Free speech should reign on campus
Opinion: Bad ideas don’t disappear just because we would rather not listen to them
Robert O’Neill: the man who killed Osama bin Laden. Photograph: Luke Sharrett/Bloomberg
Recently the media has focused on events in British and American universities in which students appear to be hostile to freedom of speech. It might surprise some to know that unfavourable views towards freedom of speech are quite popular in university campuses in Ireland too.
In September, Trinity College Dublin held a debate on whether freedom of speech should include the right to offend. The house voted against the motion. In addition to this, a university event that hosted Robert O’Neill (the man reputed to have killed Osama bin Laden) sparked controversy online, with some students saying he shouldn’t be given a platform.
When you consider the discrimination that exists in our society, the idea of holding up free speech as an absolute might appear to be a detached view that does not take into account the experiences of those who suffer from oppression.
Often when you observe those who argue in favour of censorship, free speech is regarded as a value not worth upholding. However, this right is essential for social justice movements to grow and prevail in their aims.
The students who took part in the Free Speech Movement at the University of California, Berkeley, in 1965 recognised this when they protested so that political groups that offended common orthodoxies would be able to campaign openly in the university.
In Ireland, content that went against the teachings of the Catholic Church was once censored. This atmosphere might have played a role in getting the Eighth Amendment enshrined in our Constitution as other countries were liberalising their abortion laws.
Traditionally, those who have argued in favour of censorship have been on the right of the political spectrum. The desire of those on the left to censor those they disagree with has been a recent development.
Growing up as a teenager after the Columbine shootings, most of the arguments for censorship came from US Republicans and the Catholic Church. These groups demanded censorship on the grounds that violent and sexualised content would corrupt society.
Oddly, many of those who think they are on the side of social justice are now the ones who argue that there is a causal link between art and injustice in real life. At the UN, religious groups argued for states to uphold blasphemy laws because criticism of their religion offended them.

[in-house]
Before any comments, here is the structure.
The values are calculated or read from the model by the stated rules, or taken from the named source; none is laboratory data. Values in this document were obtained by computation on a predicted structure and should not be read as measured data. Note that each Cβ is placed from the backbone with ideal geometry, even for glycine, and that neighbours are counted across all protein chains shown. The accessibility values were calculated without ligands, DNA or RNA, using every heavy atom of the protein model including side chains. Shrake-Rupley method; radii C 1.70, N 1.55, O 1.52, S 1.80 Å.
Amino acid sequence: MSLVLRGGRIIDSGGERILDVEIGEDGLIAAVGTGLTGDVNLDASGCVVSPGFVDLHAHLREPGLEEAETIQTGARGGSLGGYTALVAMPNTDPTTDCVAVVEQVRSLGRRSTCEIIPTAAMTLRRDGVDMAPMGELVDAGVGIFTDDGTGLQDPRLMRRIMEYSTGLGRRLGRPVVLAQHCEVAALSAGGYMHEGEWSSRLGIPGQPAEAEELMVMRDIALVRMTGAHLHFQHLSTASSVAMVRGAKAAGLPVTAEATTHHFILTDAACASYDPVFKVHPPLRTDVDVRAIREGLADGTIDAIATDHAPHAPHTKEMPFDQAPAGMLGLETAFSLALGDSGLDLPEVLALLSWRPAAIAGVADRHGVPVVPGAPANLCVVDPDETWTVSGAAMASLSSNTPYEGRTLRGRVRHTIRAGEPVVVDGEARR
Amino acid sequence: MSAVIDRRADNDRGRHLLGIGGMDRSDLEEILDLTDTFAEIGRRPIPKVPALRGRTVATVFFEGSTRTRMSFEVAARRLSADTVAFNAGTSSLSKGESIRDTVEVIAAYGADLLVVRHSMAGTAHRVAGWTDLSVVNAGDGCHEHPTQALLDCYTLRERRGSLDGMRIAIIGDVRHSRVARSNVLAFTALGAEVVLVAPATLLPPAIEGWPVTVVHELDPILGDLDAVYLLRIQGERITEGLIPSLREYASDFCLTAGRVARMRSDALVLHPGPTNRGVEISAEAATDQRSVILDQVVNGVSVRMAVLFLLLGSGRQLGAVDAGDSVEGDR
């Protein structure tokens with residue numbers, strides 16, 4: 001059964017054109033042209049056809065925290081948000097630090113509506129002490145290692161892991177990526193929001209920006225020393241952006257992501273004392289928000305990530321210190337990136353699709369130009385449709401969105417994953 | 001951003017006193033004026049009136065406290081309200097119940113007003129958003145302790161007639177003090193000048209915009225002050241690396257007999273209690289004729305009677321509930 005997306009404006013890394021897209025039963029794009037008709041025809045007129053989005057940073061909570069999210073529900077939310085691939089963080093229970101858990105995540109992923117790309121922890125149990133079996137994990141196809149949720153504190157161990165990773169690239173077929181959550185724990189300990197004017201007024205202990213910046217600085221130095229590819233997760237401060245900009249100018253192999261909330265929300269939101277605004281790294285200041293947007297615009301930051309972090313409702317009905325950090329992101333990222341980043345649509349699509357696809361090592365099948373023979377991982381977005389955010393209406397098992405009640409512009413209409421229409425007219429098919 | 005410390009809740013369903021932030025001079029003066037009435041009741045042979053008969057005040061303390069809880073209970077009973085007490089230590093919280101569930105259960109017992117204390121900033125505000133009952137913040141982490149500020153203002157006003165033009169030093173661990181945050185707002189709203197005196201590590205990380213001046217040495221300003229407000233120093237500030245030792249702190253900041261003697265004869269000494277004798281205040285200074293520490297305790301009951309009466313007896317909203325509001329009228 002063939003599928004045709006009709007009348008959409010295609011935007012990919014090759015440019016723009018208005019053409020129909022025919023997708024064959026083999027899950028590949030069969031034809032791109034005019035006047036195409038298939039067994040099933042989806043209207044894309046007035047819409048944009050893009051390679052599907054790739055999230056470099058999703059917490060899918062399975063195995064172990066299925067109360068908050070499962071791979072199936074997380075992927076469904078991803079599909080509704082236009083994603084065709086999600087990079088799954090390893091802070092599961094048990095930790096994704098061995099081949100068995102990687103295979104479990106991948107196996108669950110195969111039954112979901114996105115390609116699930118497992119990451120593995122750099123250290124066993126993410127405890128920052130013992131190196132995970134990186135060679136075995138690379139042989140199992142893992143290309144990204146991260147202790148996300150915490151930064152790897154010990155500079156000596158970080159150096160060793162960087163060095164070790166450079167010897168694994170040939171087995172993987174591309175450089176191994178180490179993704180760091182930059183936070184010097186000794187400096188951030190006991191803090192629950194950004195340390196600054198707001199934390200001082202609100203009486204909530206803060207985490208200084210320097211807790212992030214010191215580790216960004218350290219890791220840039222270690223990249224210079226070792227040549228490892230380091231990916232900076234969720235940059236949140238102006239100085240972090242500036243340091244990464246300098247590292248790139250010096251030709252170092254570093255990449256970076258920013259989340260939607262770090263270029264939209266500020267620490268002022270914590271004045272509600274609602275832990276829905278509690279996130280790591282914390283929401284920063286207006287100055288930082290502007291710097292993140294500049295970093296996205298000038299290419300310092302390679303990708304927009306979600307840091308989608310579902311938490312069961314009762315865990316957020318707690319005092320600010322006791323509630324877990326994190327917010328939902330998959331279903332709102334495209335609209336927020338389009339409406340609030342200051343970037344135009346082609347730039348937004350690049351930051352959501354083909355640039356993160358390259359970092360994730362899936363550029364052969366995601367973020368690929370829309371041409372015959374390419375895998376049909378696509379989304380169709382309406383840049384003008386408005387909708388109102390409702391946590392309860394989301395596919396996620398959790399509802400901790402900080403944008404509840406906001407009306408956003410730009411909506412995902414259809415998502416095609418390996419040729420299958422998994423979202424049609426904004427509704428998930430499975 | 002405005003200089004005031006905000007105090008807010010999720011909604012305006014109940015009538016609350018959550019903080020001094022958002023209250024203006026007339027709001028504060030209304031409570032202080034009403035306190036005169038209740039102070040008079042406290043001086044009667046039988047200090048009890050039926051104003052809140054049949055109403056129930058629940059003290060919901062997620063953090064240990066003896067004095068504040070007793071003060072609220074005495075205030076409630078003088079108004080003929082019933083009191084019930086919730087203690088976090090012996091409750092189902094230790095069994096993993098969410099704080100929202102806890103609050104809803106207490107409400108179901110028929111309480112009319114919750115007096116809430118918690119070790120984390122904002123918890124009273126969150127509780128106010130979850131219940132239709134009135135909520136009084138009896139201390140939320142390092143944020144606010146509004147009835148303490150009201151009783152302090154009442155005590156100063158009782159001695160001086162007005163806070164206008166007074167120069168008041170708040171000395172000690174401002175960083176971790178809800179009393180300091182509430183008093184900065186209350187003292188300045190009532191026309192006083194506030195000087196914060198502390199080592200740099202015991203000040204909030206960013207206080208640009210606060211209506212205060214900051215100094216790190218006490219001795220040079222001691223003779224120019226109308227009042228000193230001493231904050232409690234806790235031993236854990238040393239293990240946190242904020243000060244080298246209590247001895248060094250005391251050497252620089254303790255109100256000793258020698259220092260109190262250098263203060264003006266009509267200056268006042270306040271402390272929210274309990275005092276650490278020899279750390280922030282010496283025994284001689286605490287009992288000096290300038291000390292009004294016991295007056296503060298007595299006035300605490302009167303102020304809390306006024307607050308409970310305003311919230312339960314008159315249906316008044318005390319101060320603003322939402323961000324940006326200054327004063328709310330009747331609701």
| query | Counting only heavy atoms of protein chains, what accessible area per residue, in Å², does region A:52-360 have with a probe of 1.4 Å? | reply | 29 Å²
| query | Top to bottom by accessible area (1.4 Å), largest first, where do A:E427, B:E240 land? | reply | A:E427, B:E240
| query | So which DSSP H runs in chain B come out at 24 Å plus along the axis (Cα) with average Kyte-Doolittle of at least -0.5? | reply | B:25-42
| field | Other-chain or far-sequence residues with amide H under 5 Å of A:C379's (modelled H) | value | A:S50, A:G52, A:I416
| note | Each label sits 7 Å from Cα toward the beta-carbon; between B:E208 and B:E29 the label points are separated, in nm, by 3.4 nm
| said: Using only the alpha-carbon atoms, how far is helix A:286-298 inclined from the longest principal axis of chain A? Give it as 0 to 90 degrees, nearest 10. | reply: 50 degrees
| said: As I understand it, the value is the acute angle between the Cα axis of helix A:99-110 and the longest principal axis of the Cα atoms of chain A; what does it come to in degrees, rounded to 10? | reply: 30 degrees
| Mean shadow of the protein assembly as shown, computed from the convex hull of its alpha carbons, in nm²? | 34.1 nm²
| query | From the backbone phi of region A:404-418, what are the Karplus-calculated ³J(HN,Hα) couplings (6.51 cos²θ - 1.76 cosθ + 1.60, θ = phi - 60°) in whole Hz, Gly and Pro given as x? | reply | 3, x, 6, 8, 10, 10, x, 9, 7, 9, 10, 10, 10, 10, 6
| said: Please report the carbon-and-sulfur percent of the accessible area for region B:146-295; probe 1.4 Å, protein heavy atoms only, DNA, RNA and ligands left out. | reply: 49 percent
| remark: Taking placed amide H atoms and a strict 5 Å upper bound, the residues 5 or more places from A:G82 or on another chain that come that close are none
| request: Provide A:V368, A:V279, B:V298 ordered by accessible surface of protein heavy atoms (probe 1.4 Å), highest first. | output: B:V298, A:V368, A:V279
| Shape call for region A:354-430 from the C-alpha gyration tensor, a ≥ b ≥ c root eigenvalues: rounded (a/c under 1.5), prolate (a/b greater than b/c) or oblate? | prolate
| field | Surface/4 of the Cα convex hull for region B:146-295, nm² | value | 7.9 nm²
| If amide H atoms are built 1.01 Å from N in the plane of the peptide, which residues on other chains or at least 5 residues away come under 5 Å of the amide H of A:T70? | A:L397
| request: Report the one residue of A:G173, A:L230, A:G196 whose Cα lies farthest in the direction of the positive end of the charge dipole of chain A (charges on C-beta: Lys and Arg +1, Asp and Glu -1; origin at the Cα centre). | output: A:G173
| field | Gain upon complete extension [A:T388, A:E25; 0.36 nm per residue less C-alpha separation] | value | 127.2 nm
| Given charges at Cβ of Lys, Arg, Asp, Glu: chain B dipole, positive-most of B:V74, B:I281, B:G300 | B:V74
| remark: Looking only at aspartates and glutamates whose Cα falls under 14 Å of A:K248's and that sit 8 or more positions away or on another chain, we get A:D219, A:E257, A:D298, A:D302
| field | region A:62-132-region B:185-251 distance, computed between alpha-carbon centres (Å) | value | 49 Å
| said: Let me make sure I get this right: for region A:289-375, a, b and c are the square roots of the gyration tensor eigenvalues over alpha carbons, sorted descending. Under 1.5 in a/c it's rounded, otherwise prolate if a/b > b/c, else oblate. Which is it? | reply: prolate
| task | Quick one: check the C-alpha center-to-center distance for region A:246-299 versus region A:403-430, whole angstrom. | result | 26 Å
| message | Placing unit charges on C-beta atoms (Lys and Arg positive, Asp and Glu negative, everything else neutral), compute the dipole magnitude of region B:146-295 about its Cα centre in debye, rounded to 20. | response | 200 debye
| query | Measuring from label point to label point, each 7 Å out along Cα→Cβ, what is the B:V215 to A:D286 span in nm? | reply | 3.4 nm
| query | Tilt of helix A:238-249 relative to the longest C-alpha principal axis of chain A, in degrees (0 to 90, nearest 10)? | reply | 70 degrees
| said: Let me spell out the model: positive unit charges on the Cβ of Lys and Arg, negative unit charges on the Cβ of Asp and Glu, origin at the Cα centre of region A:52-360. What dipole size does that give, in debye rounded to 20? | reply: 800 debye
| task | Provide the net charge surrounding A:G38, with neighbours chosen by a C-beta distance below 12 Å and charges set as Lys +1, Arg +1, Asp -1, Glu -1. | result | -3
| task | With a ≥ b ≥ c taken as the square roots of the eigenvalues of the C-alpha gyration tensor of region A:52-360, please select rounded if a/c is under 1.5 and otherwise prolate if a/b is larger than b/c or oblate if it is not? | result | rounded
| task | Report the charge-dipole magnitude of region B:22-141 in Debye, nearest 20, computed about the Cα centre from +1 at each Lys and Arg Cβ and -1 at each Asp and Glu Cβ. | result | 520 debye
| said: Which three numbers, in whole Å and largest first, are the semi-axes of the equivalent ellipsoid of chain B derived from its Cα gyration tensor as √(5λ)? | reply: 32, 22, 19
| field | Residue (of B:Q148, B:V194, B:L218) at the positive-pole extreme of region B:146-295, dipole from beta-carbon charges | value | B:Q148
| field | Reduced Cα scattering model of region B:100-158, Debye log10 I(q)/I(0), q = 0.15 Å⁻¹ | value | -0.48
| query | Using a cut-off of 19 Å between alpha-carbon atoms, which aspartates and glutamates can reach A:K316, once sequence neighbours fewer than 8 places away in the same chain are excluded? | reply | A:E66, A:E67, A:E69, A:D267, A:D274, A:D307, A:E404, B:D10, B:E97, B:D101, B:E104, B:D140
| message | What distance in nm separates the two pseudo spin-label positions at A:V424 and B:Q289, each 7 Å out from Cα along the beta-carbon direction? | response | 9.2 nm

While members of the authoritarian right took offence for different reasons, many of the underlying points are the same as those espoused by students on college campuses: people can’t be trusted to consume certain content, and questioning the beliefs of certain groups is so offensive it should be off-limits.
If this freedom from offence had been embraced in the 1970s and 1980s, grassroots movements such as the campaigns for LGBT rights would not have been able to make headway.
Rosa Luxemburg recognised that without freedom of expression and the guarantee of freedom to dissenters, bureaucracy becomes the deciding factor.
Creating a culture in which anyone from right-wing rabble rousers to the “wrong type” of feminists can be censored will stifle the growth of social justice movements in the future. It will create an environment in which orthodoxies cannot be challenged in the fear that they may offend someone.
Bad ideas do not go away just because students don’t want to listen. Politicians such as Nigel Farage and Donald Trump have risen to prominence, in part because their supporters are unaware of good counterarguments to their anti-immigration messages.
Negative political views grow and fester because people don’t espouse their views publicly for the fear of persecution. But if views are silenced instead of refuted, people will simply harbour such views secretly. This is how phenomena such as “the silent Tory” develop. It is understandable that people can reach a false conclusion if they are unaware of information that counteracts their position. Robert Dunne is a master’s student at UCD